First, we have to look at the particular mindfulness tradition people are referring to, with its long cultural and philosophical history. Different traditions likely talk about this question in different ways. One limitation of many contemporary mindfulness programs is their decontextualization from the rich cultural and historical traditions from which they emerge, which can easily result in cultural appropriation and misrepresentation.
Secondly while “oneness” might be an absolute or ultimate goal, we aren’t there yet, and we can’t get there without accounting for the different lived experiences that diverse communities have, and the power dynamics between them.
There is a tendency to presume that the only way to be “one” is to be the same. In this interpretation of mindfulness, sameness usually means the cultural norm. For instance, when discussions of racism are raised in predominantly white mindfulness spaces, some white people will say that talk of difference disrupts our “oneness.”
In this situation, oneness presumes whiteness and any challenge to that norm is read as the problem. The Reverend Zenju Earthlyn Manuel notes that “[w]hen we try to manipulate the nature of our oneness into a flat, one-dimensional sameness, we choose to ignore the concurrent multiplicity of nature.”
But this is a learned construction that simply preserves the status quo. Rev. Manuel asks, “How could a path to spiritual liberation possibly unfold if we turn away from the realities that particular embodiments bring…spirituality must acknowledge the body and the denigration of certain types of bodies in the world.”
Often, the interpretation of oneness as sameness comes from socialization, unexamined assumptions, and power dynamics. Mindful social justice offers us tools to dismantle these things. When we more deeply reflect, account for and unlearn them, we have more agency and choice about how we relate to ourselves and to one another.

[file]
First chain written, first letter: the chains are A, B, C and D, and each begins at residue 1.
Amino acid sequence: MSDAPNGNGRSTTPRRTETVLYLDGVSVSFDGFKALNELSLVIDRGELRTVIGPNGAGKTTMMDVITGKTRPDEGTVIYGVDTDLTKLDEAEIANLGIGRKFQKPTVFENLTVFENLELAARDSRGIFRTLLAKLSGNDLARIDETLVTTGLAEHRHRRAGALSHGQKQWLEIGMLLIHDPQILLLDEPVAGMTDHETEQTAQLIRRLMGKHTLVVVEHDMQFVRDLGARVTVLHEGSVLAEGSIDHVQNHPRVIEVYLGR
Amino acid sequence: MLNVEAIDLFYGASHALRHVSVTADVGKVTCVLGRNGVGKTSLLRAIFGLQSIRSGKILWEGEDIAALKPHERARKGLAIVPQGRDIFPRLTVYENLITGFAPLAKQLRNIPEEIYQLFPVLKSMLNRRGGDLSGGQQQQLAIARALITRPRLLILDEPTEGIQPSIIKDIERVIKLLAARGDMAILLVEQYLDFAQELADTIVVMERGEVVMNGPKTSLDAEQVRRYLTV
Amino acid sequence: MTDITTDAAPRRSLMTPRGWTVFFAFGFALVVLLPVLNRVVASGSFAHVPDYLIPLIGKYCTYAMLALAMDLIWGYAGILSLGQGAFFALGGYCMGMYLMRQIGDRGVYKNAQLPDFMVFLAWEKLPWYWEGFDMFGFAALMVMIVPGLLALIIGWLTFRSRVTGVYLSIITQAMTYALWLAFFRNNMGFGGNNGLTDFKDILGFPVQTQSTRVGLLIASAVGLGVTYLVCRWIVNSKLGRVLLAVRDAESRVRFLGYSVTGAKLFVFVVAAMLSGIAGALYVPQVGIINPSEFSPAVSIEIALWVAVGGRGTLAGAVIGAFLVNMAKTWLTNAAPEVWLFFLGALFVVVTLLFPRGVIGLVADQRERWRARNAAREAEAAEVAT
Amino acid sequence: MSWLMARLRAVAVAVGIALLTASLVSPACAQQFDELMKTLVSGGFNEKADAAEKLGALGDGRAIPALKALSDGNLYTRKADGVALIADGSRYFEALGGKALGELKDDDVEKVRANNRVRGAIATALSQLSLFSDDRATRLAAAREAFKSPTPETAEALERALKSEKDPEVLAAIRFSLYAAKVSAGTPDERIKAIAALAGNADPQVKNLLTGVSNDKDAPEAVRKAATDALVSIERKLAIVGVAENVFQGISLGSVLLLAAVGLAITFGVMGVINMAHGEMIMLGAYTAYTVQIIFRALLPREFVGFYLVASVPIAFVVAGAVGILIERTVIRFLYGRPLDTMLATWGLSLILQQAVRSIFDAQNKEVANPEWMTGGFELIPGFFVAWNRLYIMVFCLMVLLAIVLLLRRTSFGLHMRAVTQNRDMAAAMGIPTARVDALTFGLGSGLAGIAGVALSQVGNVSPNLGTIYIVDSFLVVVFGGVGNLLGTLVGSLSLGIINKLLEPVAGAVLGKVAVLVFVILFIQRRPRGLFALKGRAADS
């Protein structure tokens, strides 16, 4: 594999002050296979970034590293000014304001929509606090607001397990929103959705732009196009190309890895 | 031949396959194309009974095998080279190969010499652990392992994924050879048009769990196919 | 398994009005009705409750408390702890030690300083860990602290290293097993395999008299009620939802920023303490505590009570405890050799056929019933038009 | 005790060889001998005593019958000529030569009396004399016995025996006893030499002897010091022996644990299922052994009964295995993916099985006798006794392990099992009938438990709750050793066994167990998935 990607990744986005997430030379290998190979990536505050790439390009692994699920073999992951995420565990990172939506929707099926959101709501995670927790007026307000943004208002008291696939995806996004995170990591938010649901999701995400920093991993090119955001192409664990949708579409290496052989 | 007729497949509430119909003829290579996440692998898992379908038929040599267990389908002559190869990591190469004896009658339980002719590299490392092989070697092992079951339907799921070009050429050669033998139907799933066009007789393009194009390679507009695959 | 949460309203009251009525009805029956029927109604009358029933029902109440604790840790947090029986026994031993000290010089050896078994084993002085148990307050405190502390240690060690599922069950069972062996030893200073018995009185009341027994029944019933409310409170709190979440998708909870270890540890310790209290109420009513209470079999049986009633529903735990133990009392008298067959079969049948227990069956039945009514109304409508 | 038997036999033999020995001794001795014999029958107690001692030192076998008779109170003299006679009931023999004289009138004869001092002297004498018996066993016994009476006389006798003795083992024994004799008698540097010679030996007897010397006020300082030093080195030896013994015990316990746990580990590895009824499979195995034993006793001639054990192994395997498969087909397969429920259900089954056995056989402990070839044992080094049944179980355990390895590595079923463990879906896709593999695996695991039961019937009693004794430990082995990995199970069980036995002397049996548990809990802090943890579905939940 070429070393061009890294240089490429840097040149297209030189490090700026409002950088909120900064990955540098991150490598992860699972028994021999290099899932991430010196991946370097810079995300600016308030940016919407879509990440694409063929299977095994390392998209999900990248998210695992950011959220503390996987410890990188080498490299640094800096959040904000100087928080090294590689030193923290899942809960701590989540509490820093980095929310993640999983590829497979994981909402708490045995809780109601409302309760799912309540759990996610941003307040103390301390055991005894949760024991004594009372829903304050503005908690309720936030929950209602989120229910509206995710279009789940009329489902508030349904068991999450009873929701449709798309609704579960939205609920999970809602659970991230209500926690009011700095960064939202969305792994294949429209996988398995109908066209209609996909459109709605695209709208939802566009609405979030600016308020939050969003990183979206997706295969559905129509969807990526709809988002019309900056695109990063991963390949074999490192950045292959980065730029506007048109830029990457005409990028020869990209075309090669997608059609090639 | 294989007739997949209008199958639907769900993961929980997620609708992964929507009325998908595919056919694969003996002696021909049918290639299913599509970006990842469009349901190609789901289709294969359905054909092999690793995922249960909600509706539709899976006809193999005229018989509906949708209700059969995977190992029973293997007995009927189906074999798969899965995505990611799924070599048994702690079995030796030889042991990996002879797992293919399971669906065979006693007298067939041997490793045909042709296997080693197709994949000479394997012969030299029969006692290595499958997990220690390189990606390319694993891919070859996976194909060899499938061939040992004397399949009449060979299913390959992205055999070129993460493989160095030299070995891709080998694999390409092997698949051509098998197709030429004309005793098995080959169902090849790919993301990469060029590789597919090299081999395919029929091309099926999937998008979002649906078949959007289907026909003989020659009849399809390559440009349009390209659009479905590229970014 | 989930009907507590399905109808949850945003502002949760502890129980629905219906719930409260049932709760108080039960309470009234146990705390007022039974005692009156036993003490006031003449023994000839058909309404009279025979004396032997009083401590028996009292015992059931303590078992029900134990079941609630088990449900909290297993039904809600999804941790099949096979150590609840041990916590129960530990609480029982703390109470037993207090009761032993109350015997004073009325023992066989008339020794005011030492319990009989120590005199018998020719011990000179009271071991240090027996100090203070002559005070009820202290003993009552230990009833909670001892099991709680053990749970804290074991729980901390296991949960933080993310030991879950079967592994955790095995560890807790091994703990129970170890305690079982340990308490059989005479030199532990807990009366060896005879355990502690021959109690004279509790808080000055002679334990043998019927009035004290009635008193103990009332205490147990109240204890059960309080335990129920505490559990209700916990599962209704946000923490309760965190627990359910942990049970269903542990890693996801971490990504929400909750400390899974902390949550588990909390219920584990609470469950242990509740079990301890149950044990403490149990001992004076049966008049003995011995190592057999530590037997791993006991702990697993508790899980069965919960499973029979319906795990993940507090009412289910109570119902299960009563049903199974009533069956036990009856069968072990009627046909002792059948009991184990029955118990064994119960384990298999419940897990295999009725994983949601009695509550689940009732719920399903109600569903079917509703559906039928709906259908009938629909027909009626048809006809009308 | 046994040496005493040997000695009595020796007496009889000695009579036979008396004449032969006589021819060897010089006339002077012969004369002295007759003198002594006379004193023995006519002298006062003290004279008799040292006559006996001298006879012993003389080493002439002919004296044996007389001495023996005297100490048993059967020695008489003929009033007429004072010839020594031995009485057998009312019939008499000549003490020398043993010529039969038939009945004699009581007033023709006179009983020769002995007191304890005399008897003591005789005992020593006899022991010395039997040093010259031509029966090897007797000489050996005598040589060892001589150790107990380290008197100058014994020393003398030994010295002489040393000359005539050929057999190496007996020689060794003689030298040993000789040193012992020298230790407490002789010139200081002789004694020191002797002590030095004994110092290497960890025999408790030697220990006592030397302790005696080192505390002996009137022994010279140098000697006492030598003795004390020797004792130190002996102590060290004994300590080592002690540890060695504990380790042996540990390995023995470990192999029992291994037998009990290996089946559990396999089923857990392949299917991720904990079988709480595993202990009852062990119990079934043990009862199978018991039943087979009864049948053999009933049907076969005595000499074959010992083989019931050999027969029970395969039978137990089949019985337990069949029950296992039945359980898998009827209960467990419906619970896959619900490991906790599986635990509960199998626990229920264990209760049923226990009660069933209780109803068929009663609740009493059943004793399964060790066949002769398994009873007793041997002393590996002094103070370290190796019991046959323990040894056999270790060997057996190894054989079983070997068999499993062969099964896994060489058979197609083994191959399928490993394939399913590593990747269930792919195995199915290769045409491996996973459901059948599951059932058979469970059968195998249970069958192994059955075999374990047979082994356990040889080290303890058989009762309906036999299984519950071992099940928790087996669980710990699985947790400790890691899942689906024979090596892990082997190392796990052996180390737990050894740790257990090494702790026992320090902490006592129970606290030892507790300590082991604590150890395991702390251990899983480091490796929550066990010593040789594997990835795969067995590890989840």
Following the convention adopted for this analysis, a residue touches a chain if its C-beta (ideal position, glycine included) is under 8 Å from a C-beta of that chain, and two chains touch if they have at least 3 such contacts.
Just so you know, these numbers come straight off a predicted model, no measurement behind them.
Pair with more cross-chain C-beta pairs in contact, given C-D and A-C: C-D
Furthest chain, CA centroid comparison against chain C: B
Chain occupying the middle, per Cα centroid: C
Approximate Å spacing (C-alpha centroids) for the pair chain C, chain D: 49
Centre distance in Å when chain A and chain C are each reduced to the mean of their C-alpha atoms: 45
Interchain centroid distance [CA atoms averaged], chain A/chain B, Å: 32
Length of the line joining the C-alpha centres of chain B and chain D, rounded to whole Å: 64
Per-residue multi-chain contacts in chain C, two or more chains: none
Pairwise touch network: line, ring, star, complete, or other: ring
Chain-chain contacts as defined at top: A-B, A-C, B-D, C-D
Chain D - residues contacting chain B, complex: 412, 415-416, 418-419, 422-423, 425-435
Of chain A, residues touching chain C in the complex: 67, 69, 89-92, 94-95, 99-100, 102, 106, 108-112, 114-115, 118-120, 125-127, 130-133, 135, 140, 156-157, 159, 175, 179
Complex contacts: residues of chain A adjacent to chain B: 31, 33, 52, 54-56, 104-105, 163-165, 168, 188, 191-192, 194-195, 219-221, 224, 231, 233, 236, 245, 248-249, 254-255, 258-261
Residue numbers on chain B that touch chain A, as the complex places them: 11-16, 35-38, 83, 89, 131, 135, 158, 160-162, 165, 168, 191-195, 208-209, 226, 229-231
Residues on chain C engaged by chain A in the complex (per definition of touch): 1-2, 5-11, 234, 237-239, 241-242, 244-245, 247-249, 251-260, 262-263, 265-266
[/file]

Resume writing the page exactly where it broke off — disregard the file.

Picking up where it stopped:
We can then embrace the diverse richness of our differences and the interrelationships between them. This approach can reframe oneness to mean interconnection, as some mindfulness traditions already suggest. In this frame, we are all one because we are all part of a rich, interdependent web.
We hold different positions within that web, so difference is a rich and critical part of the system. But those differences don’t have to come with the power dynamics currently attached to them. As the great Audre Lorde wrote, “It is not our differences that divide us. It is our inability to recognize, accept, and celebrate those differences.”
In her book, Transformation Now!: Toward a Post-Oppositional Politics and Change, and drawing on the work of M. Jacqui Alexander, feminist scholar AnaLouise Keating captures this reframing well:
“This ‘vision of interdependence’ is not some abstract belief in an otherworldly reality to which we escape so that we can avoid the difficult conversations about embodied and psychic differences; this vision is rather deeply embedded in everyday life even our most ordinary actions and encounters….We practice a relational ethics that demands a new level of mindfulness.”
True transformation requires a fundamental shift in being. True social transformation toward justice requires this shift to happen at the interpersonal, intrapersonal, and collective levels. Fortunately, mindfulness practices – when situated within a social justice frame – offer rich potential do the work that’s necessary to access this interconnection.
Doing so requires that we uncover the conditioned meanings that get attached to difference, into which most of us have been socialized. It demands that we become unflinchingly clear on our own position in the world. And ultimately, it provides us with the opportunities to forge our interrelations in ways that co-create liberation.
Beth Berila, Ph.D., is the Director of Gender & Women’s Studies at St. Cloud State University. She is also a Leadership and Life Coach and a longtime mindfulness practitioner.